Reducing car travel by young people may bring several benefits, including improved health, development of social and life skills, less pollution and greater awareness of environmental issues. There is evidence to show that more active children are more likely to become more active adults. For older children, making their own way to school is a chance to learn skills for life, becoming more independent and self-confident.

  Cycling can also be a way of encouraging walking. Good, segregated and extensive cycle paths would encourage people out of their cars and ultimately lead to more walking. It might be interesting to know if this is borne out by such behaviour in Holland and Denmark.

  It should also be recognised that people need to walk in order to use public transport and that improving public transport provision is also a means of increasing walking.

  Locally in Wakefield District, we have set ourselves a number of challenges. Some of these arise from the Local Transport Plan, others from a local conference in March 2000, organised by the Transport and Health Group. This resulted in a series of recommendations:

    1.  Lower speeds in residential areas, including adopting area-wide approaches.

    2.  Seek to educate people about transport and health issues.

    3.  Support the involvement of communities to allow them to influence transport planning.

    4.  Develop home zones within Wakefield.

    5.  Support organisations to be responsible employers, developing and implementing travel plans.

    6.  Recognise the scope for the use of financial measures (tax on fuel/engine size/work place parking etc) to change travel behaviour.

    7.  Improve public transport provision.

  The subsequent action plan has identified the first three of these as current priorities. We hope to create a number of 20 mph zones. We are also following the pilot home zones in other areas with interest. We have an active Safe Routes to School initiative and have Travel Officers who will be working with local employers on travel plans.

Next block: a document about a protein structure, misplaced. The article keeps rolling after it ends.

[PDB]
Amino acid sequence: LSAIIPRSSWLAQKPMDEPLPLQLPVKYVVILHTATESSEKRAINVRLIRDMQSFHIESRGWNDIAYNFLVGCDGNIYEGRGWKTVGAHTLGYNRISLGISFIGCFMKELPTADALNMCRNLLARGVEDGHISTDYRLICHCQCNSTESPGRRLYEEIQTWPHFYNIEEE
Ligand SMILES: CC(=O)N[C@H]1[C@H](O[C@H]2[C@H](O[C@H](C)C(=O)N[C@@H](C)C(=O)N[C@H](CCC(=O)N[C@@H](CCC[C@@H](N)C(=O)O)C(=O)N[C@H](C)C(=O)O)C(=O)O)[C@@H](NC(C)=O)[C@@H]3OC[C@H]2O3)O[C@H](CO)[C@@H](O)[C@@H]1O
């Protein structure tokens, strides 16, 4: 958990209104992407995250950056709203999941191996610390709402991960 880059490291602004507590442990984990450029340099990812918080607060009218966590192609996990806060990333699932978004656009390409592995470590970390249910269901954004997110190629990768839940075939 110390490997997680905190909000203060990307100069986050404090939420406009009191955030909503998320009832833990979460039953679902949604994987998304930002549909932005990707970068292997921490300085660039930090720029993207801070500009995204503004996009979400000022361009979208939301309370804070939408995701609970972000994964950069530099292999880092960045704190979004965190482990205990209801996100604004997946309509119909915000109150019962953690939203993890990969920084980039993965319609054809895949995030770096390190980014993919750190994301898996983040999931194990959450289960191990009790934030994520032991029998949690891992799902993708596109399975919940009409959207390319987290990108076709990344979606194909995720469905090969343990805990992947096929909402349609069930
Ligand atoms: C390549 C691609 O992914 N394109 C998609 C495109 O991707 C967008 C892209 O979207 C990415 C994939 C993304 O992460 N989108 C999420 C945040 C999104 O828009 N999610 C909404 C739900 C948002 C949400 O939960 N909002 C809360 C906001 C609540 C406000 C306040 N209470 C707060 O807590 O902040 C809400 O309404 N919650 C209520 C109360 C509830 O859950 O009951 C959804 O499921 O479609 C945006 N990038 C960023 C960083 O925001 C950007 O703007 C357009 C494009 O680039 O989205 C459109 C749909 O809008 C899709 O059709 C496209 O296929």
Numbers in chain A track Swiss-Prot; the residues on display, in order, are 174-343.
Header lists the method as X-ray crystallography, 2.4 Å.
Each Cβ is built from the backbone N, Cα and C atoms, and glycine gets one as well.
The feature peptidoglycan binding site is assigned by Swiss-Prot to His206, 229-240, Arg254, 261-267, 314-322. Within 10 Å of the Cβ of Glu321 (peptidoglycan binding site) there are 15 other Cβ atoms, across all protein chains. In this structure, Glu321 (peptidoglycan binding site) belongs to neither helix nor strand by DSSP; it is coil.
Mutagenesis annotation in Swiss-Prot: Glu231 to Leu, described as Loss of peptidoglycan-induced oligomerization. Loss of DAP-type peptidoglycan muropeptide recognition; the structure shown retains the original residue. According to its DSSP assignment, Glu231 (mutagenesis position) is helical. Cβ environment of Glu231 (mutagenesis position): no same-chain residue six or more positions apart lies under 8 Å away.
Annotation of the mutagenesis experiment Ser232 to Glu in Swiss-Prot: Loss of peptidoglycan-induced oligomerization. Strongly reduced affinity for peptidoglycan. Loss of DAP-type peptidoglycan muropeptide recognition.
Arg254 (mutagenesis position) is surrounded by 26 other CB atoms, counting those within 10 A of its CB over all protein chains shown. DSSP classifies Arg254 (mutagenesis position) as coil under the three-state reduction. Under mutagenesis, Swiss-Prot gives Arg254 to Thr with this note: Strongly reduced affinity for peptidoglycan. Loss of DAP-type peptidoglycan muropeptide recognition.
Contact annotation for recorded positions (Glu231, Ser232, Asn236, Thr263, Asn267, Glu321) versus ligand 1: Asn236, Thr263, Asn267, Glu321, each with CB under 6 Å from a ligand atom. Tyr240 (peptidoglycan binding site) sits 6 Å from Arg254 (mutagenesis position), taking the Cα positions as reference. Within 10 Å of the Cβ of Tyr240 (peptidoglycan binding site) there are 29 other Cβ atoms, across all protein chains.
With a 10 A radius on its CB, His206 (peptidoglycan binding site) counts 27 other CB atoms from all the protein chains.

Wakefield is a participant in the "Target" European pilot project to reduce the impact of the car on the environment by beginning the process of changing travel habits. In addition, Wakefield and District Health Action Zone has supported a Healthy Transport Project. The aim of this project is to reduce dependency on the car and promote sustainable transport by encouraging alternative modes of travel, in particular walking and cycling. This will be achieved by working both strategically and at community level to create safer environments, develop and implement travel plans, promote positive health and demonstrate the benefits of taking exercise. The project will build on the success of the Safe Routes to School initiative by working with schools to develop travel plans and involve young people in setting up travel projects in their local areas.

  We feel it is essential to identify barriers to sustainable transport by involving communities and transport users. We must find out how people move about now and what would make it easier to use walking as a mode of travel, particularly to understand issues of safety and fear of crime.


  1.  Transport 2000 Trust, 1999. A Safer Journey to School—a guide to school travel plans for parents, teachers and governors.

  2.  Pilling A, Holloway B, Turner J. Catching them young—young people's travel and the scope for influencing their travel behaviour. University of Manchester, 1998.

  3.  Health Education Authority, 1998. Transport and Health—a briefing for health professionals and local authorities.

  4.  Wakefield Health Authority, 2000. Our Future Health—annual report of the Director of Public Health 2000.

  5.  Wakefield Transport and Health Group, 2000. Transport for Health in Wakefield—conference report.

Jo Harcombe

Public Health Project Manager

(on behalf of the Wakefield Transport and Health Group)

January 2001